Because The Cable Guy became infamous for the salary of its star. Jim Carrey picked up $20m for his leading role in the movie, which was directed by Ben Stiller. However, it wasn’t Ace Ventura, Liar Liar or even Eternal Sunshine Carrey that the $20m bought. Instead, it was Carrey taking a risk, going edgier, and portraying one of his darkest ever characters, long before mainstream Hollywood comedy was willing to go in that direction.
Again, we can’t help but wonder sometimes if The Cable Guy‘s reputation is just a little rose-tinted. It’s a brave, bold film, but a muddled one, albeit with some great moments. It’s one that Carrey certainly helped get made, too, although whether he ultimately proved the right choice for it is open to debate. One thing is certain: unlike some of his comedy choices that he made in that era, The Cable Guy is still talked about, and primarily for positive reasons.
A Perfect World (1993)
A big November release for Warner Bros this, back in 1993, when both Kevin Costner and Clint Eastwood were riding particularly high. Costner moved onto A Perfect World off the back of his huge success with The Bodyguard. Meanwhile, A Perfect World was Eastwood’s first directorial effort post his Oscar winning Unforgiven. Furthermore, in the summer of 1993, he’d also headlined the hit thriller, In The Line Of Fire.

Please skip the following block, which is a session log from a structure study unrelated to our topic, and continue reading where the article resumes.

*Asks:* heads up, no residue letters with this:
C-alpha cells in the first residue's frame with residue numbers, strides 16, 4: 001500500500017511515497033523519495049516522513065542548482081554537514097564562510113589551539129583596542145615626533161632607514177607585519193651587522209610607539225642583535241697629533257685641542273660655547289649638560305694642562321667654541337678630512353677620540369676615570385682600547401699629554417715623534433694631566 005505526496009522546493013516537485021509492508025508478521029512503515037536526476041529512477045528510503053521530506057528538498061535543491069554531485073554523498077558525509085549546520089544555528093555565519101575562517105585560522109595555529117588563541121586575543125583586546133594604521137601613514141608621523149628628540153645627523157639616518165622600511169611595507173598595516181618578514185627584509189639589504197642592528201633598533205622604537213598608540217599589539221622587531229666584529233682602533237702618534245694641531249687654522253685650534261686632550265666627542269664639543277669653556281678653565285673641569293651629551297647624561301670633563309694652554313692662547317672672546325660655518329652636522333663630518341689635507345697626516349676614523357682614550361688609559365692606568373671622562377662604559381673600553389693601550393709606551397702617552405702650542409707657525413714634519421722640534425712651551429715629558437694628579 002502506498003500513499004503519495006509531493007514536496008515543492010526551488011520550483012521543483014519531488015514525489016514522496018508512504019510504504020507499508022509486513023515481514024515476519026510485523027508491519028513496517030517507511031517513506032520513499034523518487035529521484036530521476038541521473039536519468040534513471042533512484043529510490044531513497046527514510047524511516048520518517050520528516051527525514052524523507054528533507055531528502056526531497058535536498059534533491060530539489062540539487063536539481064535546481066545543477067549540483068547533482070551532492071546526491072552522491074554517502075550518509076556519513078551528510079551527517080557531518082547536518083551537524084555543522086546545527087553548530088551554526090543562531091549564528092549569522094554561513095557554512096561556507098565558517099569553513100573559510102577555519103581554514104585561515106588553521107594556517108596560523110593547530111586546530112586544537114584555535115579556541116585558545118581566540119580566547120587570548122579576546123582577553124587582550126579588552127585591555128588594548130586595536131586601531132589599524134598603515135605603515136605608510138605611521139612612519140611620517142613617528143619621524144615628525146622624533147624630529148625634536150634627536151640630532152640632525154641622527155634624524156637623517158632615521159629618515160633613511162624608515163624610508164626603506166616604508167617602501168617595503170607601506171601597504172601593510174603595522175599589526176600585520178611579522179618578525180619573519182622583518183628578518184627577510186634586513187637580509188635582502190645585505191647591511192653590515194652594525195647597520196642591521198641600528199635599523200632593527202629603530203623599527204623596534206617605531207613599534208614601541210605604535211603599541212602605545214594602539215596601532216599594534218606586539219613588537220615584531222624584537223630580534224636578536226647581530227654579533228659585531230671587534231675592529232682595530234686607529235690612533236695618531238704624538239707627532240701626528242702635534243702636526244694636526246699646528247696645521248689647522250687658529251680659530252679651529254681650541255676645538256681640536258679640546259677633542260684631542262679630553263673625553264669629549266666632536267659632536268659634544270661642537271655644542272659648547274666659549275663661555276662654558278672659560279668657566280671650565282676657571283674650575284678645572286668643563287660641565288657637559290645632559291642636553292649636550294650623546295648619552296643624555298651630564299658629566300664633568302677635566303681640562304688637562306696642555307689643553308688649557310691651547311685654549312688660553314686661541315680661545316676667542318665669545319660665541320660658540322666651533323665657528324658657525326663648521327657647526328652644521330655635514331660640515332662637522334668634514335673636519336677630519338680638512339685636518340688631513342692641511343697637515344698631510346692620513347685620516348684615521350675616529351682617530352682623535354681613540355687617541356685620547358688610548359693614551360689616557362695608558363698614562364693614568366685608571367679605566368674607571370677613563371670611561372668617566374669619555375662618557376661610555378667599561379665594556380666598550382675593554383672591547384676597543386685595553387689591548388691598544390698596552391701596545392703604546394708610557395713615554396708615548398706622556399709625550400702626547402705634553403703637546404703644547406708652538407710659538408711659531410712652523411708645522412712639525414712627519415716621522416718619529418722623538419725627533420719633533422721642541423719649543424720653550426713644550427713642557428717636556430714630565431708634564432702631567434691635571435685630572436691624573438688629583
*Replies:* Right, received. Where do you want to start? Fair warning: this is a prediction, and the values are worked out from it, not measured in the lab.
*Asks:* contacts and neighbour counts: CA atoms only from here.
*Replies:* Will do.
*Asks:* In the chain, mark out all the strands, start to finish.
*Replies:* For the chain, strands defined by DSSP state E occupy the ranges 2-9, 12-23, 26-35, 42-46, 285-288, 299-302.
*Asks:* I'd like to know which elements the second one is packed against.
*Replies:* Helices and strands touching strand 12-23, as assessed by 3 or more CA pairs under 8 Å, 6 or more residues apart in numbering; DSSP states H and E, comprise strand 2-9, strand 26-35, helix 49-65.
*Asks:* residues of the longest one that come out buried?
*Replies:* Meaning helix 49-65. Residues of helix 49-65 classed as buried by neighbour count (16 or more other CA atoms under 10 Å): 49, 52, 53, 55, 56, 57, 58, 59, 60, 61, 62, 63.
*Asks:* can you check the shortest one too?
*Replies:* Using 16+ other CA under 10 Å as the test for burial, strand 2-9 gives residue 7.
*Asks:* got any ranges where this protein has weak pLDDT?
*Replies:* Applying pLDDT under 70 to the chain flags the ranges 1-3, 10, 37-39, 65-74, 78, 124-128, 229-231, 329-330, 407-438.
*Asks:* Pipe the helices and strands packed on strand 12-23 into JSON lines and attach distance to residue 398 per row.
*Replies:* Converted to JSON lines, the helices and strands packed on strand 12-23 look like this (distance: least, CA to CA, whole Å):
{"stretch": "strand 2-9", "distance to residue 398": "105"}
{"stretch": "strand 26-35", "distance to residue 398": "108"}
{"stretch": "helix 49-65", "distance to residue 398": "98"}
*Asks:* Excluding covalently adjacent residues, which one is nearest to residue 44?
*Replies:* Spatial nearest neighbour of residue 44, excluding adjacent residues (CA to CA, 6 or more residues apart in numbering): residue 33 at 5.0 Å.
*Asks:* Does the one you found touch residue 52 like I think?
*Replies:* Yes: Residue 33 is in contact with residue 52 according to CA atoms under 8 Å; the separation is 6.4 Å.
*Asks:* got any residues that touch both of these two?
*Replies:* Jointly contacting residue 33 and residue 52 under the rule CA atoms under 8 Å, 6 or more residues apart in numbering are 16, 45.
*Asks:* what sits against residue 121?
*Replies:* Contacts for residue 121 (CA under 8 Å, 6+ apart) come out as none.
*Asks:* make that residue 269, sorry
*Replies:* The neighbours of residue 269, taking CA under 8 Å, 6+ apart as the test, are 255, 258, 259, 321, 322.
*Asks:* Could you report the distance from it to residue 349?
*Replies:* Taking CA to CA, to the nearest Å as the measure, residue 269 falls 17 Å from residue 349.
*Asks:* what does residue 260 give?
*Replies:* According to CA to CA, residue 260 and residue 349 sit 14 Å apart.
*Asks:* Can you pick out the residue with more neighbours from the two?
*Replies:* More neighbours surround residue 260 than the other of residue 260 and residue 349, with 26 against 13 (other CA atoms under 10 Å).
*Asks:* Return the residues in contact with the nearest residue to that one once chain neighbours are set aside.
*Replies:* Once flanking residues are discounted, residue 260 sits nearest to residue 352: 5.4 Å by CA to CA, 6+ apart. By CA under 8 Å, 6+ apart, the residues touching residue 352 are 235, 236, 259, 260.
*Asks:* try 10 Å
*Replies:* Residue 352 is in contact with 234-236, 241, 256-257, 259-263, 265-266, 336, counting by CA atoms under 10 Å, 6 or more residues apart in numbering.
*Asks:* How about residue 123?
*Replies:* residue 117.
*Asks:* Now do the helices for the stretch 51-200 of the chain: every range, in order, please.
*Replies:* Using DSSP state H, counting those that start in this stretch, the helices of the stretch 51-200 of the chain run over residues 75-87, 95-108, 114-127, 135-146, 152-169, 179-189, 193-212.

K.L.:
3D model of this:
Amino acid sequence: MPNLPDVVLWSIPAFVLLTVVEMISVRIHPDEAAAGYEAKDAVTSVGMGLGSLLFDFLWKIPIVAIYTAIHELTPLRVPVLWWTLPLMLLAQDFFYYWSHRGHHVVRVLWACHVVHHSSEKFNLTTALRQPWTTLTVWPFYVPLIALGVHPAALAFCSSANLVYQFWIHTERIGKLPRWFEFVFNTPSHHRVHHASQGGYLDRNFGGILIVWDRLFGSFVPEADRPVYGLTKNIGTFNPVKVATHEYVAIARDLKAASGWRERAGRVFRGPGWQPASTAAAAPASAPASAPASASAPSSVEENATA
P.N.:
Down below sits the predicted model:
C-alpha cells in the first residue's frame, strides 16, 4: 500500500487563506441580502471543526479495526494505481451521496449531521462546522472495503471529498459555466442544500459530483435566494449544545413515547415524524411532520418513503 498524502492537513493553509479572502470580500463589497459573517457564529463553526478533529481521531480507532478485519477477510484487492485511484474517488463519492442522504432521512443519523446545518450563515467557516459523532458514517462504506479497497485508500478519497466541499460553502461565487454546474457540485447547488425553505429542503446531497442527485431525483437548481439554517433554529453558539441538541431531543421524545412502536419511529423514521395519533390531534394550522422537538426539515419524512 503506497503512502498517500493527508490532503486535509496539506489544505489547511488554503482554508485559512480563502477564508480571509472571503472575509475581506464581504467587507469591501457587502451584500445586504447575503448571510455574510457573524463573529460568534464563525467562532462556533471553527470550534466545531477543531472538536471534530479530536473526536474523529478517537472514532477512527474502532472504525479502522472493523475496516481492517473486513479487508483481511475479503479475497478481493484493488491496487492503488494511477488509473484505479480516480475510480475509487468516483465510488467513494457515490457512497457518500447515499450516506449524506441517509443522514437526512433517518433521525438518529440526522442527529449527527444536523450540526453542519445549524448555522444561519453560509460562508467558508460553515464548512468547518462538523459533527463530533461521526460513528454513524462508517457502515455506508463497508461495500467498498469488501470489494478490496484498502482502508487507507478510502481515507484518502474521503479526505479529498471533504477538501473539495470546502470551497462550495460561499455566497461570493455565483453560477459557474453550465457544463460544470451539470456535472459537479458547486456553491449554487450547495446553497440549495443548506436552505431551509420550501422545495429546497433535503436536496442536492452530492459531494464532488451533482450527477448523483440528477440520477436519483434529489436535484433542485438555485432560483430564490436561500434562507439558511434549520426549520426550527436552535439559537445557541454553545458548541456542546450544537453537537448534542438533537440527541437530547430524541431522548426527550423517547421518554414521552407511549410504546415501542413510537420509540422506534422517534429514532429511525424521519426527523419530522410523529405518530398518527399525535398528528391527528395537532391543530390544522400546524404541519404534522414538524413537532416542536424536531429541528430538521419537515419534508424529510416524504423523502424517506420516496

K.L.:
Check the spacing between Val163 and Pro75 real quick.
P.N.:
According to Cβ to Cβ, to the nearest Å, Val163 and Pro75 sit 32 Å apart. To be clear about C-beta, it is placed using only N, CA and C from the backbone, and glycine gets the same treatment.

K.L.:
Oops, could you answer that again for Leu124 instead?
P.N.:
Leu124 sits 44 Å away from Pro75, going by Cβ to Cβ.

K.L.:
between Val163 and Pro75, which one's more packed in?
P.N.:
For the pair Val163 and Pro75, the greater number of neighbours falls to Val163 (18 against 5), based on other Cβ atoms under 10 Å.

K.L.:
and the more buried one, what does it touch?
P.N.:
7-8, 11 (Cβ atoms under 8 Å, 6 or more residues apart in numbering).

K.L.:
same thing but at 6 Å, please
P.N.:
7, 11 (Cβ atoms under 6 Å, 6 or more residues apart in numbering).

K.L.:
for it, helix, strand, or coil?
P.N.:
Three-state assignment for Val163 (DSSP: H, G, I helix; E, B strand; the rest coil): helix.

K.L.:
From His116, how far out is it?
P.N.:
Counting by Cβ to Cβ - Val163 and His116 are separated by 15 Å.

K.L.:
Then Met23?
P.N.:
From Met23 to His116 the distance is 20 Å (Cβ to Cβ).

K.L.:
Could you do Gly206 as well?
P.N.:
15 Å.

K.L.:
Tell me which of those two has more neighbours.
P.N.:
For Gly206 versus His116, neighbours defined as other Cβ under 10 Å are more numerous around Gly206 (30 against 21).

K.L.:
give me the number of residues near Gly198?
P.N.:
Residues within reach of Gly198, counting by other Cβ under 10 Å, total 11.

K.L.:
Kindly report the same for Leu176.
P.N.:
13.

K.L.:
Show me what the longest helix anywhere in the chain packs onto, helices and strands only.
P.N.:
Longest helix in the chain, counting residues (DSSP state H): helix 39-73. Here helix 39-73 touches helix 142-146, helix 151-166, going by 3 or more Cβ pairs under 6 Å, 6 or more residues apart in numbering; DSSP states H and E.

A Perfect World wasn’t cheap, then, and it’s the sheer investment and star power that marked this one as a potential blockbuster, one with awards attention. But things didn’t work out like that. The film struggled at the box office, the awards weren’t forthcoming, and the US take of just over $30m at the box office was a real surprise. At the time, it was felt that Costner and Eastwood didn’t push the film enough on the publicity circuit. In truth, it was always a risky venture.
A Perfect World is mainly worth seeking out for Costner, though, who gives a bold performance that couldn’t really be much further removed from The Bodyguard. Furthermore, T J Lowther, as the young boy he kidnaps in the film, is utterly convincing too.
It’d be remiss not to mention Wyatt Earp here, too, another bold Costner project from the 90s. And The Postman, that we talked about in more detail here. Neither of those films, on paper, should have been a blockbuster, but the sheer investment in both made them so. Both lost good chunks of money, too.
Eyes Wide Shut (1999)